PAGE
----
Every time that he messed up on one of them he would mark a dot in that square, but he would only do one virtue every week, so this table was only good for thirteen weeks. There are fifty-two weeks in a year that makes for four repetitions of this table. One can only imagine what kind of results that would produce, I cannot wait to start trying it. This technique was mentioned in the Power of Habit. If you want to stop a bad habit that you have been doing for a long time keep a tally of every time that you perform said action. Then you can quantify how severe the problem is and feel guilty about it.
I am not going to say the prayer that he made, but he made a short prayer to help him focus on his virtues; this could be where Tony Robbins, got into the habit of repeating daily affirmations to himself. For example, I am a beast, or I am relentless. The Un-F*ck Your Self-book does the same thing giving people a short list of daily affirmations to make sure that they stay on track. Franklin states that he never reached perfection in his writing, but in his journey, his writing significantly improved. When writing his virtues, Franklin tried to avoid religion to reach more people. I think that is becoming more of a norm with millennials and the newer generations going against the standards of the previous generations.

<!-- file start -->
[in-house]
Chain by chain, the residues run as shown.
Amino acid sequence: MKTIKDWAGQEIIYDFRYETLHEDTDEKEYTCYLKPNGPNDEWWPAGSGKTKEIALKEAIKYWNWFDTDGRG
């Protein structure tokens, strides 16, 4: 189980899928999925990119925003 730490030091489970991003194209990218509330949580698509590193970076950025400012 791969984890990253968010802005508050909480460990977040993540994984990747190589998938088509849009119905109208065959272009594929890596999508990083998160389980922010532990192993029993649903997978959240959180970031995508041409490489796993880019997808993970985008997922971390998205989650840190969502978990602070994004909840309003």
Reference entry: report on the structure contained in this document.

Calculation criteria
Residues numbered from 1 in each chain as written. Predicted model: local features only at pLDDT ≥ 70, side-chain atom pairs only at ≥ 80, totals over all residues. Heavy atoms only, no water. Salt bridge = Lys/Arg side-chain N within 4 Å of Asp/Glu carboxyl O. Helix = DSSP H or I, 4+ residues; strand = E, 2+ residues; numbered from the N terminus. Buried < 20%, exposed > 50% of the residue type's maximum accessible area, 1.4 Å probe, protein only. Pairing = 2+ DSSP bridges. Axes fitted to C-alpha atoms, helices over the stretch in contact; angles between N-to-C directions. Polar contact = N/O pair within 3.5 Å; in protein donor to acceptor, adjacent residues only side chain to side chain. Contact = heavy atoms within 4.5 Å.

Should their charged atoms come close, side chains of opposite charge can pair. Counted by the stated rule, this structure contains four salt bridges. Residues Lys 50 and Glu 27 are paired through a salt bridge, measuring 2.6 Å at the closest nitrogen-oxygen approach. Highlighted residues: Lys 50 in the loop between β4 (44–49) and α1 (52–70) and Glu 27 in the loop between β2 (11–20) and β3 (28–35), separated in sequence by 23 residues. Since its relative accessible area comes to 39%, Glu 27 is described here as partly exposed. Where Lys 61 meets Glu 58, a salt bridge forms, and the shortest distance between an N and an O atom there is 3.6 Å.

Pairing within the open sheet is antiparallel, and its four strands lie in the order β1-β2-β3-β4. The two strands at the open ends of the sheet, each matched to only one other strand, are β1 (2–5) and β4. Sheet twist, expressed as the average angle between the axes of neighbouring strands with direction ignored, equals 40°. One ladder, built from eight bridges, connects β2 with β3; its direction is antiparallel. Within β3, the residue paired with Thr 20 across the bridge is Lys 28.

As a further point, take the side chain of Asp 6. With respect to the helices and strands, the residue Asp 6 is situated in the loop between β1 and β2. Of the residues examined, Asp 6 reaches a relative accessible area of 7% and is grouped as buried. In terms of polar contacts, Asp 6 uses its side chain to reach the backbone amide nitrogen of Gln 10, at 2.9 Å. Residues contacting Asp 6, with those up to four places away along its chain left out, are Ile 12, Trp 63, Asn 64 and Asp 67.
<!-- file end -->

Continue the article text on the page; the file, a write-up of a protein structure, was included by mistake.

Franklin then gets all philosophical stating that people shouldn’t hurt each other since everyone wants to be happy. This is a common Buddhist teaching that even Tony Robins uses. From there he pivots into how people can forward themselves based on integrity and strong moral principles. Franklin also states that he learned humility from a Quaker, so if this is one of your weaknesses you can live tech-free for a while and get your Quaker on. I recommend this book to everyone, dare I say it should be mandatory reading for all high school students. You can read it on a lunch break, and level up tenfold. It will force you to put your life into perspective, solidifying that Benjamin Franklin is the god of all things self-help. The last four pages where a real treat, so I will not review said content here.